Finally we might ask what is it that is appealing to us about these particular Games. What is it exactly that is inspiring us? A social media campaign has quickly ensued asking for a nation of more role models like these athletes instead of reality tv stars. Yet, curiously, several athletes have likened their experience of home nation support to that which might be experienced by a footballer. Is something shifting in the status of the Olympian? With their faces on postage stamps, post boxes painted gold in honour of their success, Olympic gold medalists are perhaps exalted to new heights in the public’s affections. Iconic and adorned, saturated in technology and commodified in cutting edge commercials, we might question what it is exactly that young people might feel inspired by and towards? A new love for sport or an instrumental drive to be an icon and sporting legend. Certainly, living in host nation, having an opportunity to attend events and feel part of the games as a volunteer or spectator has given the British public a unique opportunity to experience inspiration in a new way. But is this love affair over, or will it lead to some lasting change? If it can, then London2012 might just achieve something few other Games has succeeded in doing.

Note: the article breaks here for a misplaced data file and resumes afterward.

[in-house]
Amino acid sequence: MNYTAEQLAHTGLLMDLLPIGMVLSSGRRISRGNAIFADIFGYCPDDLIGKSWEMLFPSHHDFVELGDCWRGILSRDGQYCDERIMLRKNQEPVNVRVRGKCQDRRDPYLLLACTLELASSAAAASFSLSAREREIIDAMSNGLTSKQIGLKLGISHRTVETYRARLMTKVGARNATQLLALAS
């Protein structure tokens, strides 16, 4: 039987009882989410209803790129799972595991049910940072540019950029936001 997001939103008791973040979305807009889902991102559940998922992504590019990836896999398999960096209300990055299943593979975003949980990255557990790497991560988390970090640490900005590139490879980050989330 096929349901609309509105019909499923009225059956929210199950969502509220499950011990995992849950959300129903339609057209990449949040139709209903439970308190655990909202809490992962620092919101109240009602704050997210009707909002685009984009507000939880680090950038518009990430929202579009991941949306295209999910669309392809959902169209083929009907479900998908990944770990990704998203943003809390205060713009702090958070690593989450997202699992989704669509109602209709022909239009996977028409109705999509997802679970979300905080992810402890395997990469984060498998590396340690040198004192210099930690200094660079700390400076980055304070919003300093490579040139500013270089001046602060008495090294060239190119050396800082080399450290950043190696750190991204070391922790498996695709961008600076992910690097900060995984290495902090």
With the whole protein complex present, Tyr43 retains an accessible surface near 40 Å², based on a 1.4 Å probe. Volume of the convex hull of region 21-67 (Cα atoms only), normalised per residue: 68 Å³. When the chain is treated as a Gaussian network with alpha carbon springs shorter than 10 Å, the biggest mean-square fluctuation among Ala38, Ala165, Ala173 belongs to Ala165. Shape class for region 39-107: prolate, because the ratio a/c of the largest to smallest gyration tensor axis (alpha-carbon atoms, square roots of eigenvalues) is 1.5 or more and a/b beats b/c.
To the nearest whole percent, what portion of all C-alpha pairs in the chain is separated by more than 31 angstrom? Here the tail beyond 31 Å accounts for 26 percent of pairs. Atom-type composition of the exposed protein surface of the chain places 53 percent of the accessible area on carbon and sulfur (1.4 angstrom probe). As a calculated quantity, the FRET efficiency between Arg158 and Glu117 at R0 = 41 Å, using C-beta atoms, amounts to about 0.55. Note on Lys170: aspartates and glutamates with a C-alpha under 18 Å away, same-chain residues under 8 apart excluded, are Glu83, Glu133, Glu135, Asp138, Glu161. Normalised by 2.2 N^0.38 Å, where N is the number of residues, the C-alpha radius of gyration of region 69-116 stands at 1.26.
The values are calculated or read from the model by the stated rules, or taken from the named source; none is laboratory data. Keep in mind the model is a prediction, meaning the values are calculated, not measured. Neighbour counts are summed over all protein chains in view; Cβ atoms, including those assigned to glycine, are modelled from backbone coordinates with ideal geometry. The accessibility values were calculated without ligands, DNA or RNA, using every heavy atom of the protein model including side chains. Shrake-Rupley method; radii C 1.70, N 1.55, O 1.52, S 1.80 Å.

Next stop… The Paralympic Games…